THERE is a big issue here. Over the last few years, several academies have popped up across the country claiming to prepare candidates for the civil service exams — the passing percentage of which has seen a sharp decrease.
The passing percentage in 2007 was 15 per cent which is now down to 3.6pc. Thus, they (the academies) have added nothing new and are providing candidates with exhausting material for various subjects and emphasising on ‘cramming’.
Annual reports of the Federal Public Service Commission have highlighted issues such as poor English and irrelevant material being taught at different academies. Moreover, the great loss on the part of the academies is that the CSS candidates cannot develop their own critical thinking which mainly comes from self-study.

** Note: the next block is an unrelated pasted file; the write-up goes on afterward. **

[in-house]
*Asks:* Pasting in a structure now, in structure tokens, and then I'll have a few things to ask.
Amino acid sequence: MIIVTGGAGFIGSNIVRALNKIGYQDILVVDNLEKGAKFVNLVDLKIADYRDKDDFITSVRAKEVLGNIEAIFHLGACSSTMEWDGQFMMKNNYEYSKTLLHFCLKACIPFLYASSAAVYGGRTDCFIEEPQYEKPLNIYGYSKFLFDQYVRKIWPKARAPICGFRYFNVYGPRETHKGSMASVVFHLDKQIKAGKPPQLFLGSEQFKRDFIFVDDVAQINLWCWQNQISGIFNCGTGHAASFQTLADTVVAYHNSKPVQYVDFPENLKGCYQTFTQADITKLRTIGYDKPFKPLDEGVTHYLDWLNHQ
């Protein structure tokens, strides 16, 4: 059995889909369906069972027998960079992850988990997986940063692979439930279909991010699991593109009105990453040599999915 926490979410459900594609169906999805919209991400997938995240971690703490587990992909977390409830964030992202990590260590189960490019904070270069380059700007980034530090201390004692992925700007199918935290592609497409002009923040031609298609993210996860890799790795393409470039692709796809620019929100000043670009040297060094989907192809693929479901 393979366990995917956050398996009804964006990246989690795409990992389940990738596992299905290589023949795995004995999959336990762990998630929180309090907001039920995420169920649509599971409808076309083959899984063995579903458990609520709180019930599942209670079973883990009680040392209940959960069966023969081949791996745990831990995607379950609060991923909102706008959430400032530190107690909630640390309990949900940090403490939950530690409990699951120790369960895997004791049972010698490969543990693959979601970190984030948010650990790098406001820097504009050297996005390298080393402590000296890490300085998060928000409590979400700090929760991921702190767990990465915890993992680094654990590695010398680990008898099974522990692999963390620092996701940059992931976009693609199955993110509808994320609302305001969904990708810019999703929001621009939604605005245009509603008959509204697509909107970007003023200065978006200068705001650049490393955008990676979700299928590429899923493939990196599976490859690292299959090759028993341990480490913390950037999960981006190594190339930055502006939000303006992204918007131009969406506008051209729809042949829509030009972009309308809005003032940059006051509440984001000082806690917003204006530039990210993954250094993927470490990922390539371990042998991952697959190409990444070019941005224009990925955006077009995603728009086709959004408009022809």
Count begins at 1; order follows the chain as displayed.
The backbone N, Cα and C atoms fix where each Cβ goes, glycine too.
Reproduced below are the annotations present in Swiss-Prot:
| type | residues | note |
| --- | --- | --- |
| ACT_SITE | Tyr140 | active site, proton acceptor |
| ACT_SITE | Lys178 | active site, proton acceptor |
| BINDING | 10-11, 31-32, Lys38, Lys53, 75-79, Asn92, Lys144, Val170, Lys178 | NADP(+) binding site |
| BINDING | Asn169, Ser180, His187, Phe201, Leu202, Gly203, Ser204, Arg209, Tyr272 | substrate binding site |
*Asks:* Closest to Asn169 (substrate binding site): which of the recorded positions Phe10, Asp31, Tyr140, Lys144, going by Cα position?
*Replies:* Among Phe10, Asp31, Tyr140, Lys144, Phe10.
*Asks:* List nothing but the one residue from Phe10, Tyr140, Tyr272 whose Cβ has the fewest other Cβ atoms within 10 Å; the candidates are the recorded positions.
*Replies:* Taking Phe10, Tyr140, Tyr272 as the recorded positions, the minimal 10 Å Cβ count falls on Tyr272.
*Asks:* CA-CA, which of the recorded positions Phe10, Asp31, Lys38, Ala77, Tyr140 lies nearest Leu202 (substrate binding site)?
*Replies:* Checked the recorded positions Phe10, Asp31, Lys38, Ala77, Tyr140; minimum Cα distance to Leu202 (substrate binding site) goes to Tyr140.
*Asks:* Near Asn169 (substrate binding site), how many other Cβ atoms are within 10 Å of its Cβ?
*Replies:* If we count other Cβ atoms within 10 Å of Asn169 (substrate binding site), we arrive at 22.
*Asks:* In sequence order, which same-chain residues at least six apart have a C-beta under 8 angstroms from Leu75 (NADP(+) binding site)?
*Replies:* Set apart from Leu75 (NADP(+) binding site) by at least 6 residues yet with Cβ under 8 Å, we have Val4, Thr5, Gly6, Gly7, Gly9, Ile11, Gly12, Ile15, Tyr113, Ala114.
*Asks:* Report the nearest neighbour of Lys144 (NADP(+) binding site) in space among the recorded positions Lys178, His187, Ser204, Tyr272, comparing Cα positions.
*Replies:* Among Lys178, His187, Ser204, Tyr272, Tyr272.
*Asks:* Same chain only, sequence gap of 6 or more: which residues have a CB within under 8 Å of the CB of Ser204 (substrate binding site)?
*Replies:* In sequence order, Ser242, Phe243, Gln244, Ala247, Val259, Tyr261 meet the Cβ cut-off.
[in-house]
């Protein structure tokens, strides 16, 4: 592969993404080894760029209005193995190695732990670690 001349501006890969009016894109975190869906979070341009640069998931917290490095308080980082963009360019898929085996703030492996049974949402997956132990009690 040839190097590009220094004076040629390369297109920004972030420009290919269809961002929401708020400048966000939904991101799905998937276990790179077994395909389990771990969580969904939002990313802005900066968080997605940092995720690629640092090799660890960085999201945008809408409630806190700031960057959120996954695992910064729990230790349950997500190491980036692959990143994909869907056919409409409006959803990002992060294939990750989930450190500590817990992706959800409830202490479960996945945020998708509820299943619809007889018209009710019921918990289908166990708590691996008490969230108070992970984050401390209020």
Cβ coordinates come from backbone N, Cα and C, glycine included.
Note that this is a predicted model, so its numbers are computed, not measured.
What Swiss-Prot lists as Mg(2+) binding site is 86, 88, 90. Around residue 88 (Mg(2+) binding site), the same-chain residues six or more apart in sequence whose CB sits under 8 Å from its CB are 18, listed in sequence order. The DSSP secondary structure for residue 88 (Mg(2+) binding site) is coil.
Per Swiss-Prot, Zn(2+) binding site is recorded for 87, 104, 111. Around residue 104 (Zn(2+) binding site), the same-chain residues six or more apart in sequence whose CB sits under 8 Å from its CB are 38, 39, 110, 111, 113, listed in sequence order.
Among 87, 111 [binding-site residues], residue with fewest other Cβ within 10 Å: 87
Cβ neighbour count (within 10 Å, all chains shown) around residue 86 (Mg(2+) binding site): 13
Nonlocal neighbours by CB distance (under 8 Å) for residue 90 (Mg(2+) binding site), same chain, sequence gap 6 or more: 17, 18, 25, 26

These approaches definitely helped students achieve their goals. However, these academies’ fees have created competition; simultaneously they are creating a sense of inferiority for the underprivileged CSS aspirants who cannot afford these academies.
Government institutions must take sufficient measures to limit the growing number of CSS academies and promote a standard education system which focuses on evolving critical thinking among students.
Syed Waqar Hussain
Published in Dawn, June 4th, 2019